One of Indiana University's most recognizable graduates has donated $5 million to launch a “transformative” video, broadcasting and technology center. The schools says the Mark Cuban Center for Sports Media and Technology will make the athletic department “the national leader” in 3-D broadcast, replay and virtual reality capabilities. It will be located at Assembly Hall, currently undergoing a $150 million makeover, and is expected to open in the spring of 2017. June 5, 2015
BLOOMINGTON, Ind. – IU Athletics has received a $5 million gift from IU alumnus Mark Cuban to create a first-of-its-kind, cutting-edge, student-focused video, broadcasting and technology center, Indiana University President Michael A. McRobbie has announced. Among other things, this gift will make IU Athletics the national leader in 3-D broadcast and replay, virtual reality, and 3-D virtual studio technologies.
In honor of Cuban's transformative gift and creative input, the center will be named the Mark Cuban Center for Sports Media and Technology when it becomes fully operational following the completed renovations at Assembly Hall in the spring of 2017.
“We are extremely grateful to Mark Cuban for his remarkable generosity and his commitment to ensuring that Indiana University remains at the forefront of preparing our graduates for highly successful and rewarding careers,” McRobbie said. “This pioneering new center will provide IU students across the university with unprecedented access to the newest and most leading-edge media tools currently available in the technological marketplace. Furthermore, it will transform the collegiate athletics experience for our student-athletes as well as the many Hoosiers fans here in Indiana and around the world.”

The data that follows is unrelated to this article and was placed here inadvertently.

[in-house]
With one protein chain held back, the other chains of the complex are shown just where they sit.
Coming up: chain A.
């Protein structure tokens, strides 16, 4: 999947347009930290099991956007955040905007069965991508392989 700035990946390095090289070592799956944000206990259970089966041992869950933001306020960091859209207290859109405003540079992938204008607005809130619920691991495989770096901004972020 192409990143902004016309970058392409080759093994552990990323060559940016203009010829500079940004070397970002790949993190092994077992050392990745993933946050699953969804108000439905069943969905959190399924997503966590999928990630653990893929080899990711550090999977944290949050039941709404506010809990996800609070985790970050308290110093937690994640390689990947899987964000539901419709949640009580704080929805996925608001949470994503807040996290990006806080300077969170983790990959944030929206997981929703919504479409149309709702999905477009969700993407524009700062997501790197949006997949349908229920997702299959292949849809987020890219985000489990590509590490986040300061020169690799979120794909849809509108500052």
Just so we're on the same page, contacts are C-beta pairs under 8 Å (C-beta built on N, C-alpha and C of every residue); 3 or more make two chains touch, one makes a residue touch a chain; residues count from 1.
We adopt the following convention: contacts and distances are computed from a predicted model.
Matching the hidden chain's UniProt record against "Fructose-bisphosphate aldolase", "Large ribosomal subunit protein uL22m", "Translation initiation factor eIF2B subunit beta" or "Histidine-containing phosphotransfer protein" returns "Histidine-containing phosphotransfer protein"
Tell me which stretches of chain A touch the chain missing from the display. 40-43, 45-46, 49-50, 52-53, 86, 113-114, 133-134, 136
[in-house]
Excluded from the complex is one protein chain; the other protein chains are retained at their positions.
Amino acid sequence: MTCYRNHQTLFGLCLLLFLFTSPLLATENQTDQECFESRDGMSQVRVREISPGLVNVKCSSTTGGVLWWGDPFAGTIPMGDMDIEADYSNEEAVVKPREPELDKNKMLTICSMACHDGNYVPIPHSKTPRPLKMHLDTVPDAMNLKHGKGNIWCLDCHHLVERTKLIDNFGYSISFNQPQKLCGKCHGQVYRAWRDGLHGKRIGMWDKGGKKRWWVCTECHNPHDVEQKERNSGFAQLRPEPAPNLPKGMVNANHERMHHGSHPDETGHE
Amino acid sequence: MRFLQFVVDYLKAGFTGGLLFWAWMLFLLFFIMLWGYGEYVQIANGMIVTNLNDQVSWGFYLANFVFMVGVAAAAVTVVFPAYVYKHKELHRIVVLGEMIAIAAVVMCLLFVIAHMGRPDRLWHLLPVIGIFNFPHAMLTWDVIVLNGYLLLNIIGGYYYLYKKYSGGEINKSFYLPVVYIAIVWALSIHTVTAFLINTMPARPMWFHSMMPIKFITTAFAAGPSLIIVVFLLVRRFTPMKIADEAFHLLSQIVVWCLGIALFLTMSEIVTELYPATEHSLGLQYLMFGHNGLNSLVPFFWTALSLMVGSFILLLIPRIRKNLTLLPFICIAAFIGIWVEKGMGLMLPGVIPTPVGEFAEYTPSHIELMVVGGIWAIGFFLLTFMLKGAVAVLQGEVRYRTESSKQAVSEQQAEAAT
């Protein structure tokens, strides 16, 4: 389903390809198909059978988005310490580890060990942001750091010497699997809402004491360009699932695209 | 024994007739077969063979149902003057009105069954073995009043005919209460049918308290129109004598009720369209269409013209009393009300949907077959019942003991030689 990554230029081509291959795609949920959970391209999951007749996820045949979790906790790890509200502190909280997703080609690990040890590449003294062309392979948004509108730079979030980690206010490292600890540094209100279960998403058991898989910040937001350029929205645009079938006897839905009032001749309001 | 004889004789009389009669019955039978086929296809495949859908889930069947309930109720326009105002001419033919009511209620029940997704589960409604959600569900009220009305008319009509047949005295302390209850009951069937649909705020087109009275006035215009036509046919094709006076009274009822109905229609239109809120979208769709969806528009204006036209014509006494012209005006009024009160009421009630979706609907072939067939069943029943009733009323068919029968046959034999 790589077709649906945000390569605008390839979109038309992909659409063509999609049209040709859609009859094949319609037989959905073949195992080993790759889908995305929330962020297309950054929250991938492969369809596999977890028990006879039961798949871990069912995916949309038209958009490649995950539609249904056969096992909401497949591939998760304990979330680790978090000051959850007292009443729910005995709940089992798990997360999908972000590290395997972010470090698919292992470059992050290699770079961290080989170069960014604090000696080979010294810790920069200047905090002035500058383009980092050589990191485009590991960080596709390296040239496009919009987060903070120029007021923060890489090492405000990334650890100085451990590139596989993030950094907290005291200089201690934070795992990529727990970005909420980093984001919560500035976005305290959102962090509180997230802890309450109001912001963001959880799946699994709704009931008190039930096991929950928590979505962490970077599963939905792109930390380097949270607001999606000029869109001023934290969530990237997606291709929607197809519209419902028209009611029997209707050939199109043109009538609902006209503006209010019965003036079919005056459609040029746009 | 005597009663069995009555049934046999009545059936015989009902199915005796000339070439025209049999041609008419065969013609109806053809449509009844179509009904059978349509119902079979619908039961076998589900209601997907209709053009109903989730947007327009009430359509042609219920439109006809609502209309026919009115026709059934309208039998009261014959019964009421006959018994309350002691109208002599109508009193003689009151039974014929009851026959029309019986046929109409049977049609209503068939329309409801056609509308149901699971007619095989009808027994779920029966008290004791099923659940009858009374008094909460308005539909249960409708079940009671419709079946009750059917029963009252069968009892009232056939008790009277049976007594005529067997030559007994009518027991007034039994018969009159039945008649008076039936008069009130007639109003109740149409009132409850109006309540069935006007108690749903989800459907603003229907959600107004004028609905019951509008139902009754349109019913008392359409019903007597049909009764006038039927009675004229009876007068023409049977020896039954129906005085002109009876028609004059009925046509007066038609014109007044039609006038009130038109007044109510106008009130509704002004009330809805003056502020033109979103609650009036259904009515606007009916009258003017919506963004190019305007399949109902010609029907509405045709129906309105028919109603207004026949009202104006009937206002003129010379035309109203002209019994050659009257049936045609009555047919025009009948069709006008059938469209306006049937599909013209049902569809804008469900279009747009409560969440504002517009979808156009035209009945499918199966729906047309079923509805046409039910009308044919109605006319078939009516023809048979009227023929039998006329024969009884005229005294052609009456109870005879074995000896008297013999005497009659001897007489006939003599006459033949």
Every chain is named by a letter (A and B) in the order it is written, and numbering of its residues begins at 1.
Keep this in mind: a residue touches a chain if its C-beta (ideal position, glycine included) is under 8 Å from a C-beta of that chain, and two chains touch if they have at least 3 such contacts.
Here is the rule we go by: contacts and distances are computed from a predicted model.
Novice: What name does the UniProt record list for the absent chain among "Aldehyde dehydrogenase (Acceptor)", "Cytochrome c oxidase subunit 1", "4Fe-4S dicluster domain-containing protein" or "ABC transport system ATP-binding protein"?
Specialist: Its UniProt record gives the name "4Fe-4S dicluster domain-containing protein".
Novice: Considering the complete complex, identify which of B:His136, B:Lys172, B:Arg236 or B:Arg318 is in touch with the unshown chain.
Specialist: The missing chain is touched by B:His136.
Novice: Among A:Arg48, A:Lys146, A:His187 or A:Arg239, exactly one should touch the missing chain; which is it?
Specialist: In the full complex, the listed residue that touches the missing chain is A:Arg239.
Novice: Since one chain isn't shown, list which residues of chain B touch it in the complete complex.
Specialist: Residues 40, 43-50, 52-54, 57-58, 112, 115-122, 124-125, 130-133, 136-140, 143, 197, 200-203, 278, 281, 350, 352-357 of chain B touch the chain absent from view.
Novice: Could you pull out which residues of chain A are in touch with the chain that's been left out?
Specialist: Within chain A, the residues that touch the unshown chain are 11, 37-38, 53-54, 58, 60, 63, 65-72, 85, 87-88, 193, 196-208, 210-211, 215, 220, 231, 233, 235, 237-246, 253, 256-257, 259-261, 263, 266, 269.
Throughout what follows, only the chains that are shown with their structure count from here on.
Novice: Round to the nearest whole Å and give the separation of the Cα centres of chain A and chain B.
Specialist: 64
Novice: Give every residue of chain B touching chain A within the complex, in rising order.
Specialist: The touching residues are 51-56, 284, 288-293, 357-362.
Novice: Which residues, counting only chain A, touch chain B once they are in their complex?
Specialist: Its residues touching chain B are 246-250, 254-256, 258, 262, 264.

Housed in the west side of the future Simon-Skjodt Assembly Hall, the Mark Cuban Center for Sports Media and Technology will partner with academic units on campus to provide opportunities for students in various media and technology disciplines by allowing them to use cutting-edge technology and equipment to hone their skills and produce high-quality professional content. Using the center's resources, IU students will produce a wide variety of media content for IU Athletics including virtual-reality videos for fan experience, athlete instruction, recruiting videos and social media, as well as video-board displays, team-specific shows and live event broadcasts for all 24 IU sports.
“I am so excited to work with Indiana University to bring us into the future of sports media, broadcasting and analytics,” Cuban said.
In the collaborative spirit of the center, IU Athletics will engage the broader campus community in providing student personnel and/or curriculum to support the efforts of the center. This will be done in areas as wide ranging as virtual reality, gaming, studio production, game-day video production, motion and broadcast graphics, promotional location production, reporting and play-by-play, and game live casting.
IU Athletics has already enlisted support for the center from The Media School, IU Radio TV Services, the School of Informatics and the Advanced Visualization Lab. Adhering to Cuban's vision, the center will be open source and student driven to help develop, in his words, “the type of students you want to hire.”
Along with his generous gift to IU Athletics, Cuban has provided his professional expertise to shape the mission and technologies to be used in the center. Under Cuban's direction, IU Athletics will be among the first athletic departments in the country to adopt and utilize a wide array of cutting-edge video and media technologies.
“Mark Cuban's name is synonymous with innovation, technology, media and sports,” Director of Athletics Fred Glass said. “I cannot imagine a person better suited to be the namesake for, and godfather of, our Center for Sports Media and Technology. His extremely generous gift is transformative and will make Indiana University Athletics America's elite institution in this field. Go IU, and go class of 1981!”